Introduction to Neurofeedback
“Imagine a simple procedure versatile enough to treat epilepsy, autism, attention deficit disorder (ADD), addictions, and depression without drugs, surgery, or side effects. These are only some of the capabilities of neurofeedback, a controversial but effective treatment that is growing rapidly in use around the world.” (Symphony in the Brain, 2000)
Neurofeedback uses electroencephalograms (EEG’s) and a computer to provide feedback to patients so that they can “train their brain” to work at more productive frequencies. It’s like exercise for the brain. Imagine if you were a long distance runner, but you started the race out at a sprint pace. Halfway through the race, you would be breathing hard, gasping for air, your muscles might be starting to quiver, and you would be starting to lose speed. Not very effective functioning. That’s because you ran the wrong pace for the task. Well your brain is like this too. It has several different “speeds” for different tasks. In brain talk, these are called “hertz.” Slower brain waves are useful when sleeping, and the faster the brain wave, the more alert a person is. When a person is walking, talking and functioning, the brain should operate like a symphony, perfectly timed for the task. However, for some people, their brain might let slower speeds creep in, or their brain waves might not be firing in synchrony. Just like the runner mentioned above, this leads to inefficient functioning. And, brains can get locked in these inefficient rhythms. That’s where neurofeedback steps in.
During neurofeedback, a patient is hooked up to EEG leads attached to their scalp. This doesn’t hurt, but you may get a little gel in your hair. After the initial EEG reading is done, a program is selected for that client’s particular needs. The patient sits quite comfortably, watches a computer screen, hears listens for beeps, and can hear music along with the visuals. The program depends on what parts of the brain need training, and what hertz level the brain is producing. For example, kids who have A.D.D. actually have their brains letting slower speeds slip in. Just think, when you are overly tired, and trying to drive. You do lots of things to keep yourself awake, turn on the radio, roll down the window etc. Well, kids with ADD have slower hertz in their brains, and they are trying to keep themselves alert with their hyperactivity. (that’s why stimulants like Ritalin work for ADD kids) What neurofeedback does is help the brain even out those slow speeds or fast speeds to the pace that is needed to function at the desired task. Once the brain is functioning at the right speed, often times the medication can be reduced or even terminated. Children on the autistic spectrum often have over activated portions in their brains. The sensory part of their brain is not well regulated, thus they tend to have difficulty with loud noises, bright lights, the feel of fabrics etc. Autistic spectrum youth often have multiple areas of the brain affected, such as impulse control and the ability to “shift mental gears.” That is why youth with Autism often get “stuck” on one topic.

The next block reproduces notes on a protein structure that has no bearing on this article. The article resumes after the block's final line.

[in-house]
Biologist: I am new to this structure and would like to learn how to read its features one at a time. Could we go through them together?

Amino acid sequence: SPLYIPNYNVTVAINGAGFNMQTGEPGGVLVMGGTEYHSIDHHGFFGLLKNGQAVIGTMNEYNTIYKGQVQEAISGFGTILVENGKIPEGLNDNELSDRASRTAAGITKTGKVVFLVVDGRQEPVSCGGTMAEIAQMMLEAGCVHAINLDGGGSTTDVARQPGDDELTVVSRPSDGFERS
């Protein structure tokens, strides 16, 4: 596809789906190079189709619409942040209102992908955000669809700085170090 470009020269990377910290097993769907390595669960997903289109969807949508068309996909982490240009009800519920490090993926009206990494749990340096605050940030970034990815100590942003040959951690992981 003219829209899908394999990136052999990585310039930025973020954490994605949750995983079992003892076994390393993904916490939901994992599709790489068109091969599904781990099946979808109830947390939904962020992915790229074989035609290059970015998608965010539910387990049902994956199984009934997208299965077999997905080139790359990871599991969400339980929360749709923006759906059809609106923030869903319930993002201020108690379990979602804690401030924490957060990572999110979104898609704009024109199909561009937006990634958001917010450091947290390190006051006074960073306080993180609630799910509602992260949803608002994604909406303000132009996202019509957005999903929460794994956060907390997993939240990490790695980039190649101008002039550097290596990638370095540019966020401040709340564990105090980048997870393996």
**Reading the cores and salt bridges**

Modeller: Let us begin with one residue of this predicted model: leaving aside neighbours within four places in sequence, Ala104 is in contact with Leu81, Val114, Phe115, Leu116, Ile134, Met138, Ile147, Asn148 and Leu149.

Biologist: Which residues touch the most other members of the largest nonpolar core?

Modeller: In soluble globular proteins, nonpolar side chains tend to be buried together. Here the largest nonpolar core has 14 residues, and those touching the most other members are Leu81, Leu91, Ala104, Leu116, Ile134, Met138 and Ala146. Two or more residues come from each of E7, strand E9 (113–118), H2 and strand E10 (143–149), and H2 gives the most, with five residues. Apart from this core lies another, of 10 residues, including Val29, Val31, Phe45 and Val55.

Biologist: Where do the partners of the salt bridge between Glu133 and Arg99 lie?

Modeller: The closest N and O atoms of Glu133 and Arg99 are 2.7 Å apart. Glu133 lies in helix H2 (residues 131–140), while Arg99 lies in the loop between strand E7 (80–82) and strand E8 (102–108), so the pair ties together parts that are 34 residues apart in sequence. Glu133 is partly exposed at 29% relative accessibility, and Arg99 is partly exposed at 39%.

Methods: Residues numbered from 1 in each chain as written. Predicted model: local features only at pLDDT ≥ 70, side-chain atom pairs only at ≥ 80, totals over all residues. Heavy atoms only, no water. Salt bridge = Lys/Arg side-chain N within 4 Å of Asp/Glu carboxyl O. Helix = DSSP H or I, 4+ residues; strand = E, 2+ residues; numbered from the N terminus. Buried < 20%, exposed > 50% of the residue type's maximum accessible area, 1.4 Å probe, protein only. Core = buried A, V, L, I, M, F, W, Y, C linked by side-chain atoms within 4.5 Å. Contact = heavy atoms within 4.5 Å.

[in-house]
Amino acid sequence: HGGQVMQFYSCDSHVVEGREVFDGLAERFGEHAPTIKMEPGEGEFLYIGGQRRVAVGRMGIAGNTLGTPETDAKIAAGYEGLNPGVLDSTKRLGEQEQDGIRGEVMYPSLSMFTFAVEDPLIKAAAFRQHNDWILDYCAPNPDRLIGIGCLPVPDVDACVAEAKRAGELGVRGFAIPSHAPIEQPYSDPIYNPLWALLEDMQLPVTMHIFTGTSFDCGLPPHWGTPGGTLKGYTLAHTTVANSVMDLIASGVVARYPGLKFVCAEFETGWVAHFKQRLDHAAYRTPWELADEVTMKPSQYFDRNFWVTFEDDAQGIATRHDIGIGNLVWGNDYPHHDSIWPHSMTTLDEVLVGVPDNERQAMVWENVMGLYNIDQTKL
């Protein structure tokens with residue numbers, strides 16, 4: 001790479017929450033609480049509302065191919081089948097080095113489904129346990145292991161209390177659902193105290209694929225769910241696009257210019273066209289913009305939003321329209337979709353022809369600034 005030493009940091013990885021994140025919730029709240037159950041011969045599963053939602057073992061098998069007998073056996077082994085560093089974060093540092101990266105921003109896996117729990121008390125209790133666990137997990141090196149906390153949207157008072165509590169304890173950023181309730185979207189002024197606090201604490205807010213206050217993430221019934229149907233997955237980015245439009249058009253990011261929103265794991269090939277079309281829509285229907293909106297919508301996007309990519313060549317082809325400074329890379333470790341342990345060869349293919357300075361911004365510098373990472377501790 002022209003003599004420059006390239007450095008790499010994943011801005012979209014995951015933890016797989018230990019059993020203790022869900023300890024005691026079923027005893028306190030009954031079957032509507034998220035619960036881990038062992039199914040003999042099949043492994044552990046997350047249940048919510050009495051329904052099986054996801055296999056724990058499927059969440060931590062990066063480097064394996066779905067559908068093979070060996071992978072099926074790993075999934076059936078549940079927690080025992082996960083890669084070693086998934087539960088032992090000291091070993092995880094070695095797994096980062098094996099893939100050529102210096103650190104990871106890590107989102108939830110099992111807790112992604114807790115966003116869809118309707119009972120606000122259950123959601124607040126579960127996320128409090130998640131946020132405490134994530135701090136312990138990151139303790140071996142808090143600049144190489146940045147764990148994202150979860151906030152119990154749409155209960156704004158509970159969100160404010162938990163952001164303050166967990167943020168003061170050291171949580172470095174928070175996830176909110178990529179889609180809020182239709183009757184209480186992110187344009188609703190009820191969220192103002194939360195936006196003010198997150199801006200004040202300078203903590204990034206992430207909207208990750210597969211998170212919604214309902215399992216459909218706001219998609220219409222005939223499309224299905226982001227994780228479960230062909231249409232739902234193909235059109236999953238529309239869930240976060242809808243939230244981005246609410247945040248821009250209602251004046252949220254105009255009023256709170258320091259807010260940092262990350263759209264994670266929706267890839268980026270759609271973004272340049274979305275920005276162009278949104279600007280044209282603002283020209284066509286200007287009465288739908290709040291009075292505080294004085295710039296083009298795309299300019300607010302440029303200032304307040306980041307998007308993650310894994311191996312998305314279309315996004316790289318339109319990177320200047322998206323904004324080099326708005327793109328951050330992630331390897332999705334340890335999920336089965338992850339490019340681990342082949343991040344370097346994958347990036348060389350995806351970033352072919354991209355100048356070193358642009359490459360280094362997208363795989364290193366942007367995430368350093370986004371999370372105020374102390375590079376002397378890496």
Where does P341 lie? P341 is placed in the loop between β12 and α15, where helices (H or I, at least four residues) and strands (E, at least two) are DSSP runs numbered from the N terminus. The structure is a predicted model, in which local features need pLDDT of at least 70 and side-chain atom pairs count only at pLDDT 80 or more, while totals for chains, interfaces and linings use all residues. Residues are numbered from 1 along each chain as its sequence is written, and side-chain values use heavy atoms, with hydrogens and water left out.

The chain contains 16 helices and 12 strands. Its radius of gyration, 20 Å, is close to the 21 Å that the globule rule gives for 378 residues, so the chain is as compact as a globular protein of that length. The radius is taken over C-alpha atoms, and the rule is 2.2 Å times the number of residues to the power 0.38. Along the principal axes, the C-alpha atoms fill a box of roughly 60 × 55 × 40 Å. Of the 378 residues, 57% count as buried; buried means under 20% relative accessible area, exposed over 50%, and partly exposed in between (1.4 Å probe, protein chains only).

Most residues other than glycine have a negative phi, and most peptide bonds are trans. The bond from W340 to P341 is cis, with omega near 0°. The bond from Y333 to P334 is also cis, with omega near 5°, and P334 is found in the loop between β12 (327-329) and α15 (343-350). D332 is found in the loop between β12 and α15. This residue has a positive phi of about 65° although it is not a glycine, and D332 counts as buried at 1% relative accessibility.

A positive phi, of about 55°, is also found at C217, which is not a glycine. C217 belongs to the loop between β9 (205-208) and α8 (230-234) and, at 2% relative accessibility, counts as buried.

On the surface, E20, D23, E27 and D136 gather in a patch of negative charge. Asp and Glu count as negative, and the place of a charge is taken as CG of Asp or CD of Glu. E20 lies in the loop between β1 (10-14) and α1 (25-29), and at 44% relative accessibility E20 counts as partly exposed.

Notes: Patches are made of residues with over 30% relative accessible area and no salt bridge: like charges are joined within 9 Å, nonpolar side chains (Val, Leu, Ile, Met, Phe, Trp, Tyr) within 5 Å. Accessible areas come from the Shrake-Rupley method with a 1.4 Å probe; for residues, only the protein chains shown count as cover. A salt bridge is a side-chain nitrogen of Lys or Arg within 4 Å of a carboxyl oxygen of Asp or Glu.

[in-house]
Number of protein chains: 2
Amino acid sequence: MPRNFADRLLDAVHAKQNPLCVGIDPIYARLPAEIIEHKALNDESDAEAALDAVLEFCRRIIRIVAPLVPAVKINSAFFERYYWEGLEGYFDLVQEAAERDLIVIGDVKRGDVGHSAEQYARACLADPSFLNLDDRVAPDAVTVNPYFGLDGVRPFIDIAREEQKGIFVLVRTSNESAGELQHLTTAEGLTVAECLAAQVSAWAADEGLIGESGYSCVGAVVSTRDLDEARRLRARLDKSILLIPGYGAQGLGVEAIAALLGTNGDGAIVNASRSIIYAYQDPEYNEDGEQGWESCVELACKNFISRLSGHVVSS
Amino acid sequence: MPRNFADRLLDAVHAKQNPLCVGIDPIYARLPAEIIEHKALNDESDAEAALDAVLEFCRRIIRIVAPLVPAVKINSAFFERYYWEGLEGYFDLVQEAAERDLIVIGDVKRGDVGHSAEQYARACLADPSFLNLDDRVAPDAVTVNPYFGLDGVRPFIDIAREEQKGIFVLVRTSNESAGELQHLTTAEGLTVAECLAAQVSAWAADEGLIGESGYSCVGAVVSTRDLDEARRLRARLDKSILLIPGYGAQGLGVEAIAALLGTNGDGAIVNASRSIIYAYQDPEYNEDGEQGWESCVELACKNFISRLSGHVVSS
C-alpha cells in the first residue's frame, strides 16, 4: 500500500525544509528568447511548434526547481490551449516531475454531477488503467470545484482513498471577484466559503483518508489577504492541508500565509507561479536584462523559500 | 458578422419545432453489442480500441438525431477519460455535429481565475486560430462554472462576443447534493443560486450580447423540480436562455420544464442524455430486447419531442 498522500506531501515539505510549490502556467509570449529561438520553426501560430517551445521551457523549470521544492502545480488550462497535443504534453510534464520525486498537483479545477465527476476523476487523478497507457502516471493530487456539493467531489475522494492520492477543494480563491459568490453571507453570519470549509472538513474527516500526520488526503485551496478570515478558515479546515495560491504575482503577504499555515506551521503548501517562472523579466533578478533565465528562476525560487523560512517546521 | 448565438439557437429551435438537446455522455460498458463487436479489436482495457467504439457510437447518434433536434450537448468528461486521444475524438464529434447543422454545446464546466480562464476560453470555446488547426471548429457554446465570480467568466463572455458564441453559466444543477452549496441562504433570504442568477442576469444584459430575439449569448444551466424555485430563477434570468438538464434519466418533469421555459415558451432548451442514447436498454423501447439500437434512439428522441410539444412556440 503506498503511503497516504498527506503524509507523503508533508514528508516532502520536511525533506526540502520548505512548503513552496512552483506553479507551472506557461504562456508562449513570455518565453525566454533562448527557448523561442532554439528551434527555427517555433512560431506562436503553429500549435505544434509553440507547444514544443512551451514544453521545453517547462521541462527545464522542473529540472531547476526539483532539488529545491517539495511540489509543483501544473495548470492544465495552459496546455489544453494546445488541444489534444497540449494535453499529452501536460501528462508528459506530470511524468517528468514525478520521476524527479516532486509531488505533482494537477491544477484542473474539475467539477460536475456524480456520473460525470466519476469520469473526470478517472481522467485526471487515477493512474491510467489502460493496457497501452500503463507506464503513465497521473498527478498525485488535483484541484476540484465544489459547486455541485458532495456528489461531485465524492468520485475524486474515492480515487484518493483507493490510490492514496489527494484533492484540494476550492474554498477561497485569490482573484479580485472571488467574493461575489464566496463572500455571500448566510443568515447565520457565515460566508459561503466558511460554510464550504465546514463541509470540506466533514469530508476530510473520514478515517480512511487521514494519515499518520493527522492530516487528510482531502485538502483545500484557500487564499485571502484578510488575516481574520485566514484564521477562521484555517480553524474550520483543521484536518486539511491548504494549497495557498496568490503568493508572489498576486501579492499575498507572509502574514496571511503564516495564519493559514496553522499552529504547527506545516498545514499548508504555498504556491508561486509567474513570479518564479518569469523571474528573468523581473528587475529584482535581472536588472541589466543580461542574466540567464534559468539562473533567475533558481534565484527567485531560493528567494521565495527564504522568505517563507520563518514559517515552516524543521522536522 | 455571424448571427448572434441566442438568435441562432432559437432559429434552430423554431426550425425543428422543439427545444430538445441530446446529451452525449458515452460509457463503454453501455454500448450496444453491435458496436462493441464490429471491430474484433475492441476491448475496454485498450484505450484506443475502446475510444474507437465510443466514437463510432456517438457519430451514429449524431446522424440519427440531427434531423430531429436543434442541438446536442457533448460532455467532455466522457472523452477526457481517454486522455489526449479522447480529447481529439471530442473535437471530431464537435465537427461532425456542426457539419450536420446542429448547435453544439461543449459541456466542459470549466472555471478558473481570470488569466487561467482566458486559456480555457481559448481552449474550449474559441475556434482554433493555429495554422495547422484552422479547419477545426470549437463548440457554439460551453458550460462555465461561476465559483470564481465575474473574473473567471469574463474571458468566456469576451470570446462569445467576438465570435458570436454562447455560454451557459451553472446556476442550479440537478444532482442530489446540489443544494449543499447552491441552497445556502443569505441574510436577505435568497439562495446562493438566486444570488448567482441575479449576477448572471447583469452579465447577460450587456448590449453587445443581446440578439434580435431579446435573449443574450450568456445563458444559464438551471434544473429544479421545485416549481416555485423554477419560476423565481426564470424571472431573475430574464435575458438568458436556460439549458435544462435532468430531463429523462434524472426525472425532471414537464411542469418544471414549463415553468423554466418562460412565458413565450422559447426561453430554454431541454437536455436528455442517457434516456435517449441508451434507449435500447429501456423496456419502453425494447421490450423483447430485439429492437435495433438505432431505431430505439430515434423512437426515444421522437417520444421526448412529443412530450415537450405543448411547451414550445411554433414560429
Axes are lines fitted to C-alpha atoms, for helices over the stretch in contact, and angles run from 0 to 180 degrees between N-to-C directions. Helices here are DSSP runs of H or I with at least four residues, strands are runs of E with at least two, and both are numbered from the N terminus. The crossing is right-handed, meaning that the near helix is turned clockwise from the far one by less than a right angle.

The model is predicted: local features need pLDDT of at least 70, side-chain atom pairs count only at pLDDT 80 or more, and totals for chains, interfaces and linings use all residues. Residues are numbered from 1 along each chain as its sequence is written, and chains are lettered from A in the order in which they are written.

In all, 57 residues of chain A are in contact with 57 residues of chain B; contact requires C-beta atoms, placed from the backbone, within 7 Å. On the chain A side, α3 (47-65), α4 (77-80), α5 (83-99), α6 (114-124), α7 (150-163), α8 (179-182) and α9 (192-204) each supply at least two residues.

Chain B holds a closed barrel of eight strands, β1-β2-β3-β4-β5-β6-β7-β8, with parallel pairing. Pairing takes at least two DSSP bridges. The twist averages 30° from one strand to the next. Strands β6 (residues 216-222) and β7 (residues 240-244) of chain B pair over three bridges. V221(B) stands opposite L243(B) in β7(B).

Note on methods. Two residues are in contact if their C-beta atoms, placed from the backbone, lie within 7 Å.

Without going into lots of medical detail, the brain sends messages throughout itself using branchlike connections. (synapsis) The thicker and denser the branches are, the better the transfer of information. Not only cognitive thoughts are passed through these connections, but so are unconscious emotions. Sometimes in abused and neglected children, PET scans show holes in their brains, where the connections were not made. In other cases of traumatized people, their brains overact in the fear regulation area, known as the fight or flight response. They produce lots of cortisol, which can harm the brain. So as you can see, there are a number of reasons the brain connections may be weak, or lacking the connections necessary to function.
A hypothesis of what may be happening in neurotherapy, is that “as frequency of information transfer increases, the brain is activated, more blood than usual streams into that area of the brain-the nutrients in the blood may be strengthening (Symphony in the Brain). This is just like if you exercise your arm by lifting weights, the muscle will become stronger. Conversely, if you put that same are in a sling for 6 weeks and didn’t use it, it would become small and atrophied. The brain is also a muscle, and neurotherapy is like cognitive physical fitness training. Some people have been using one part of their brain so much, that the other parts are not developed. Neurotherapy attempts to strengthen pathways in the brain, so that the brain can send and receive messages from all parts of the brain in an effective and efficient manner to achieve balance.
With the expanding computer world and technology, it is becoming easier to see exactly what is going on in the brain during the process. Neurofeedback does NOT cure Autism, but it can help manage and reduce the associated symptoms such as impulsiveness, sensory issues, and cognitive flexibility.
References: A Symphony in the Brain, 2000, Jim Robbins; Atlantic Monthly Press.
The Executive Brain, 2001, Elkhonon Goldberg, Oxford University Press.
The Emotional Brain, 1996, Joseph LeDoux, Touchstone
Getting Rid of Ritalin,
The Brain Explained,